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I have a 5.1 headset that I mostly use for gaming and watching movies. It is connected using 3 jacks to the rear panel of my motherboard (plus one for the microphone). I also have some small 2.1 speakers that I sometimes use to listen to music or to share a video/movie with someone.

For now, what I do is crawl under my desk, and switch the cables. As my motherboard has 7.1 capabilities, I am wondering if there could be a way of having all 4 jack cables always plugged in, and switching on which device to output the sound programmatically.

Has anybody had a similar problem, and how did you solve it ?

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3 Answers 3

up vote 2 down vote accepted

It's not the most straightfoward solution, but it works, and it's the best I can think of.

Head over to newegg and grab the cheapest PCI soundcard you like and install it.

Get it installed, and make sure the Windows volume control is in your task bar. Then switching is a matter of right clicking the icon, going to "Adjust Audio Properties", and navigating to the Audio Tab. Select the device you want to output and input from on that screen. At least in my experience, you will have to restart any current applications to use the new settings.

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Thanks, this may be the easiest way indeed ! –  Wookai Jul 29 '09 at 10:21

I think the easiest solution would be to plug a stereo splitter into the green speaker jack on the back of your computer, then plug both the 2.1 speakers and the Front Right/Front Left headset cable into the stereo splitter.

Audio will be transmitted to both the headset and the speakers all the time, so all you have to do is turn off the speakers when you want to use the headset, and optionally turn down the headset volume (assuming you have an inline volume control) when you want to use the speakers.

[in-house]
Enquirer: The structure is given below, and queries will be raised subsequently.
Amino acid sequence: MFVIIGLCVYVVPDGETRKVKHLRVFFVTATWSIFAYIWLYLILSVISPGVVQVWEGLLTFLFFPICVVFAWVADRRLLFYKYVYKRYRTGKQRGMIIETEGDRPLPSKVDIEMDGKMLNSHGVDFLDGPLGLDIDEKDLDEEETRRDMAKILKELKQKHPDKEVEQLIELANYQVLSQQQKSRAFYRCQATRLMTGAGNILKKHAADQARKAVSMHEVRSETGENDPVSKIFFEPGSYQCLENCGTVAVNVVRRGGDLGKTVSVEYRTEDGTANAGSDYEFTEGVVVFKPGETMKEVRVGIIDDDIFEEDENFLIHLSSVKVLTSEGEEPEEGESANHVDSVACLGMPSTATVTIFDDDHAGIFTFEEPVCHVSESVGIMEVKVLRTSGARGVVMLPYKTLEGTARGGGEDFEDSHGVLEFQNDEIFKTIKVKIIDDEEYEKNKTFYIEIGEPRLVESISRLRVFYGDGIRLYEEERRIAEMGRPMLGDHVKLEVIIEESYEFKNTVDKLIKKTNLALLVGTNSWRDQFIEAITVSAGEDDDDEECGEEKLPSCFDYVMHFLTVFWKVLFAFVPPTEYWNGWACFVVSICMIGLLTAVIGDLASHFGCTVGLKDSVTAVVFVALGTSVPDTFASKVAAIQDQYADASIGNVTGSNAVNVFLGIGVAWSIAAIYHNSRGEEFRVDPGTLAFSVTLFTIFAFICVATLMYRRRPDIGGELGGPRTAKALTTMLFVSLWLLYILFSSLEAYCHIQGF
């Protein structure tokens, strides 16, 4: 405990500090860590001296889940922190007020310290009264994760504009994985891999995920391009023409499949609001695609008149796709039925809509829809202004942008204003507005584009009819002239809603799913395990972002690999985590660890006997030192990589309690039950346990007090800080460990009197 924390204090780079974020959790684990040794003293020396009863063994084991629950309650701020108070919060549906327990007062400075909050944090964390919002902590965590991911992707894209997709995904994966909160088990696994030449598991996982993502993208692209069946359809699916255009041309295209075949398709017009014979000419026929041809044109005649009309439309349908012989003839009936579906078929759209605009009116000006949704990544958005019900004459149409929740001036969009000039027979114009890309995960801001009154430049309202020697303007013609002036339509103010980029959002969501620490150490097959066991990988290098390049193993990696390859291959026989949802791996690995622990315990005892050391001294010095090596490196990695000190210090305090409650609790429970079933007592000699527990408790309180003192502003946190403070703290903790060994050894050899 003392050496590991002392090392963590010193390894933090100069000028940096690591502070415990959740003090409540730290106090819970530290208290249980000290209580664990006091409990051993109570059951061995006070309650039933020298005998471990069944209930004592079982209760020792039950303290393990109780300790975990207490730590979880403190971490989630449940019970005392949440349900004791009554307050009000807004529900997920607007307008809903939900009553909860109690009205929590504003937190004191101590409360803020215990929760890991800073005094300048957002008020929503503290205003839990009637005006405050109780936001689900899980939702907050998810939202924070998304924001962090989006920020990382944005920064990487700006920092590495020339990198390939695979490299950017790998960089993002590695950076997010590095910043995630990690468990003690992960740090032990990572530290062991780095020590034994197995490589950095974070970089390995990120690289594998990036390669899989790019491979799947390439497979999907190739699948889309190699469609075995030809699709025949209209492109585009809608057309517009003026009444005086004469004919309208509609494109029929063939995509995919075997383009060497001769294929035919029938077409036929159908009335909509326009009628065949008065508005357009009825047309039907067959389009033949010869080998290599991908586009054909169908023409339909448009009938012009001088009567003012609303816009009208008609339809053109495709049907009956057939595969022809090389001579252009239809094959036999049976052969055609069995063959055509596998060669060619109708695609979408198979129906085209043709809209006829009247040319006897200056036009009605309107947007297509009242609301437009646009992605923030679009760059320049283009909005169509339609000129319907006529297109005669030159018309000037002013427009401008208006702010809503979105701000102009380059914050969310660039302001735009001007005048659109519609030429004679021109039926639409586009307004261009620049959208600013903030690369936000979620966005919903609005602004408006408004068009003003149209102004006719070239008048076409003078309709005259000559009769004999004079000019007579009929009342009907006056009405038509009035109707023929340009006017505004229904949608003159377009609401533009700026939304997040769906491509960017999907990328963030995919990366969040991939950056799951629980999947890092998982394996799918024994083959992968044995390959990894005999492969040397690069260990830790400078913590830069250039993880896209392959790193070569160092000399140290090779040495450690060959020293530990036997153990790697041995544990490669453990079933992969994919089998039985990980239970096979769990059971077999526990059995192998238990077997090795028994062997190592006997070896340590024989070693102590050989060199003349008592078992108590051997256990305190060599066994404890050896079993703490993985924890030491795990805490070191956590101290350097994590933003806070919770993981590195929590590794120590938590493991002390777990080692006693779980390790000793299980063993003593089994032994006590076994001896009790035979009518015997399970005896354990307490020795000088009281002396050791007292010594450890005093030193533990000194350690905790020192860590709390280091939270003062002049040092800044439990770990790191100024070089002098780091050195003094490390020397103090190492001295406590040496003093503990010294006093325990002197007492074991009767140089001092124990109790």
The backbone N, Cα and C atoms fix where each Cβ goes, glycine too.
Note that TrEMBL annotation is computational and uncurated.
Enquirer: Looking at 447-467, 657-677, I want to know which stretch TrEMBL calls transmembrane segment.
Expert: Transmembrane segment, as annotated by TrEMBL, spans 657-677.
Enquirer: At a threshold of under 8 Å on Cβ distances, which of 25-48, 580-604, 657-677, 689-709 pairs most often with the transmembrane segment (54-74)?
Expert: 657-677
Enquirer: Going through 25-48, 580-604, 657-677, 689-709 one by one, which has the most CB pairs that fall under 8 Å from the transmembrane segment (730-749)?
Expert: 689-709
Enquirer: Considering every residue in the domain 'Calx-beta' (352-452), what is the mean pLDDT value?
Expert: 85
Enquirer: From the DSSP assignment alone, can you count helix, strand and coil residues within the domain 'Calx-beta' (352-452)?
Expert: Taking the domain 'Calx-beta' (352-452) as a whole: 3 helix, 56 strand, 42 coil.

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Well, on Linux, you could configure that with ALSA's dmix plugin's "bindings" options, at least the docs seem to say so. Connect the speakers to rear, duplicate from to rear, and then you have the output on the speakers. Use the mixer levels to turn up/down rear as needed. (Or just turn off the speakers). On Linux you could even have different apps going to the headset and the speakers; that documentation page has an example of using a 7.1 setup as three different stereo pairs.

On some sound cards (mine have it at least) there is an option to duplicate the front channels to surround or rear; connecting your speakers to rear and turning it on would enable the speakers (and leave the headset enabled, but that probably isn't a problem)

On pretty much anything, you could use a stereo/audio A/B switch box (a piece of hardware).

You may be able to use a simple stereo headphone splitter (a piece of hardware) if the sound card output has enough power and you're willing to turn off the speakers when not in use.

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Thank you for your answer. I'm actually under Vista, but the hardware solutions still apply. The speakers are the crappy type without any remote or on/off switch, so turning them on is not a solution as it implies crawling under the desk to turn the volume down on the subwoofer or unplugging it. –  Wookai Jul 28 '09 at 7:55

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